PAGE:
I enjoyed reading the research paper, Ameliorative properties of boronic compounds on in 2 vitro and in vivo models of Alzheimer’s disease. The hypothesis is well designed, and experiments are well planned with perfect methodology. The data is well presented.

The paper needs the following major corrections

Abstract needs to be modified. Introduce the disease and hypothesis before jump into result directly.

Response: We have carefully gone through the abstract and modified accordingly. Please see the revised abstract.

Structure of the compounds never mentioned. Introduce structures as Fig 1.

Response: In the revised manuscript, the details structure of the boron compounds used in this study have been introduced. Please see page 2, line 71-80.

We suggest doing docking model to compounds to Abeta so that binding areas can be visualized.

Response: Previous studies have been performed and confirmed that boron compounds bind with APP and Aβ. Please see the references 4 and 34 in the revised manuscript.

Fig 11, Possible mechanisms was cited. But no detailed mechanisms are explained. Binding to monomer to oligomer and fibril. How aggregation pathway inhibited. You can add all these in the mechanism from prevention of abeta formation, aggregation to behavior.

Response: Thanks for reviewer’s suggestion. We have modified it, please see Fig 11 in the revised manuscript. Previous reports suggested that boron compounds bind with amyloid precursor protein and inhibit Aβ aggregation. Please see the references 4 and 34 in the revised manuscript.

The discussion section never explain by Boronic compounds are used and what is background work on this.

Response: We have added few sentences in the discussion part of the revised manuscript to bolster the rationale for the use of these boron compounds in AD therapy. Please see page 13, line 354-357 in the revised manuscript.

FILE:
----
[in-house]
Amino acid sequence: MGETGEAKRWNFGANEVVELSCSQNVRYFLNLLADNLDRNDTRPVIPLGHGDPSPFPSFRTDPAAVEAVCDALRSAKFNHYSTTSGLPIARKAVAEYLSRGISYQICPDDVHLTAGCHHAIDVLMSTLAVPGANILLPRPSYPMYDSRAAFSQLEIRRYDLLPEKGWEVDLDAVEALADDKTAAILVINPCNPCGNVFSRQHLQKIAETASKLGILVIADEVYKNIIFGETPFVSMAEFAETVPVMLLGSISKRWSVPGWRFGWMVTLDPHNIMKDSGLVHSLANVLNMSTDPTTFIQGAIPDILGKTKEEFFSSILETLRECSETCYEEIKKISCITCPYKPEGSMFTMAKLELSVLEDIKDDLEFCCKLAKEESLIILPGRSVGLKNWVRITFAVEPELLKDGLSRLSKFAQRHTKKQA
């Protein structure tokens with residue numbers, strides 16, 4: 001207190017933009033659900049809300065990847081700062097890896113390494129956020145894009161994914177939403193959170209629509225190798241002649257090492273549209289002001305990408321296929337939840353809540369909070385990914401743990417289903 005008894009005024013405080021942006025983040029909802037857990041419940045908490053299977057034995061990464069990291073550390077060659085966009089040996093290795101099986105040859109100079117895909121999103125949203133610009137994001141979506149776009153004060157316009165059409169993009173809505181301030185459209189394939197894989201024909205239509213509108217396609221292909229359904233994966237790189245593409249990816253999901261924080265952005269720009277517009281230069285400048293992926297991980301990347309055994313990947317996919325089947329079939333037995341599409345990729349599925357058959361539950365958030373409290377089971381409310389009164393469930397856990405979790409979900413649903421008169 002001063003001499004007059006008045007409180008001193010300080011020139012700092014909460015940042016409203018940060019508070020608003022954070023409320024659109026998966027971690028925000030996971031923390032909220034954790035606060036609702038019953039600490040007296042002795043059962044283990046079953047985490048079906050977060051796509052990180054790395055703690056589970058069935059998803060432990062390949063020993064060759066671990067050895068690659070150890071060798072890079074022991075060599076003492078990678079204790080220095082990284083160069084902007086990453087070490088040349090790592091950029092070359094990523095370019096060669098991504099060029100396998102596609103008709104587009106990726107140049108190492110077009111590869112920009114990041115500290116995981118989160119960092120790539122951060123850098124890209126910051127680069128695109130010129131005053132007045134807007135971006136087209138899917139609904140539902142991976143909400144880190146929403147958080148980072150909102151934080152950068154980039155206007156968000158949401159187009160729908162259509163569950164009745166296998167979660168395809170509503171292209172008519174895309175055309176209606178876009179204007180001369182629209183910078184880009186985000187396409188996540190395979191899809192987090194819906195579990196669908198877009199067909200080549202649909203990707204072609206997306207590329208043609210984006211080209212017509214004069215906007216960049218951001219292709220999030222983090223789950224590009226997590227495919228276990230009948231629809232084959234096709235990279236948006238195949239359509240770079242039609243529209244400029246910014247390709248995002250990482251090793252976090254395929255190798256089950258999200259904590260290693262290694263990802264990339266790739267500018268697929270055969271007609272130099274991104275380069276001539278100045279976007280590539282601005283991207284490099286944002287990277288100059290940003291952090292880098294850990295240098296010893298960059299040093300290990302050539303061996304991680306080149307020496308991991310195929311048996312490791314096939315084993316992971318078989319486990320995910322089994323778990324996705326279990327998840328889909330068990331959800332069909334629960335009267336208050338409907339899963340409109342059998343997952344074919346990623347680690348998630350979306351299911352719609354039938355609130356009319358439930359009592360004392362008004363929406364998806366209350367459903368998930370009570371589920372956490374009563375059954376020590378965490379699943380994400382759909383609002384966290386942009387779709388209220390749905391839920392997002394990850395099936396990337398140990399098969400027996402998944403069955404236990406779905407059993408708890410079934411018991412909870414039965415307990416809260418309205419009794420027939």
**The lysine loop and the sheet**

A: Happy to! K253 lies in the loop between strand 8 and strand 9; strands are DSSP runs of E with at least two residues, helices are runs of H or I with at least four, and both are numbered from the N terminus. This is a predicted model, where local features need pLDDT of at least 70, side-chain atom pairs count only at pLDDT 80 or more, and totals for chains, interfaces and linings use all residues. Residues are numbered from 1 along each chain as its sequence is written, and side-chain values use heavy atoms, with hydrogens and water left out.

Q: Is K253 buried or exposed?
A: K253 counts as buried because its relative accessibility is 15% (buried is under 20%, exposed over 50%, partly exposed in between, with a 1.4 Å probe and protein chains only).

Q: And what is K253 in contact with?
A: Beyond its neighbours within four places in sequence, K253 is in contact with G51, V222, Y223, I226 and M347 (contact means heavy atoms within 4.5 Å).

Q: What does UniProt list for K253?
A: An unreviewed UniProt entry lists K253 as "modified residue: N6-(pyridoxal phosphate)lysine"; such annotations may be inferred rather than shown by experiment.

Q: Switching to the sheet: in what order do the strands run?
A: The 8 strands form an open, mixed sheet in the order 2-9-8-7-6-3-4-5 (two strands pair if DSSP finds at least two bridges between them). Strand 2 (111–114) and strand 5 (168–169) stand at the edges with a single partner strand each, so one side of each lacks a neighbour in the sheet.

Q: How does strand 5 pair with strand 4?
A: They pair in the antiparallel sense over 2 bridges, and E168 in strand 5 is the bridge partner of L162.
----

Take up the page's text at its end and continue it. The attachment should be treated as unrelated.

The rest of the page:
Also add very detailed information on how Boronic compounds are unique to be drugs for AD.

Response: In the discussion part of the revised manuscript, we have included new sentences to indicate why boronic compounds are unique as a potential drug therapy for AD. Please see page 13, line 335-349.

Truly good study.

Response: Thanks to the reviewer for the kind complement about our study, and thanks to all the reviewers for their insightful comments which we believe significantly improved the quality of the manuscript.

Round 2

Reviewer 1 Report

The manuscript titled, “Ameliorative properties of boronic compounds on in vitro and in vivo models of Alzheimer’s disease” by Maiti, P. et. al. describes the effect of two small molecules, TPVA and TBSA, on three models of Abeta aggregation and/or toxicity. Namely, they utilized both a C. elegans model and a mouse model of AD, in addition to performing in vitro experiments. The manuscript has been revised in accordance with peer review recommendations. As appropriate controls are now included, results discussed with more nuance, and methodology described in more detail, this reviewer is happy to recommend acceptance of the manuscript in its current form.

Author Response

Thank you for your valuable comments and suggestions to improve our manuscript.

 

Reviewer 2 Report

Authors did not respond with sincerity my questions for the previous version, and thus the current manuscript seems to be still scientifically unreliable.

 

Major points:

  1. Please cite solid papers from other groups using 6E10 antibody to distinguish monomer and oligomer of Abeta. If authors cannot, they should use oligomer specific antibody for dot blot assay.
  2. It is unclear whether they used PVDF or nitrocellulose membrane for dot blot. They described PVDF in the Result, but nitrocellulose in the Material and Method.
  3. Concentrations of TPVA and TBSA used in Figure 1 should be described in the Result, Figure legend or Material Methods.
  4. All histochemical and immunohistochemical graphs of mouse experiment (Figure 3-6) should be shown as individual points, not simple bar graph.
  5. What is the meaning of error bar of Kaplan-Meier Survival analysis (Fig 2A&B)?

Author Response

Please cite solid papers from other groups using 6E10 antibody to distinguish monomer and oligomer of Abeta. If authors cannot, they should use oligomer specific antibody for dot blot assay.

 

Response: we have added a reference where 6E10 have been used to monitor Aβ aggregation by dot blot assay. Please see reference no 41 in the revised manuscript.

 

It is unclear whether they used PVDF or nitrocellulose membrane for dot blot. They described PVDF in the Result, but nitrocellulose in the Material and Method.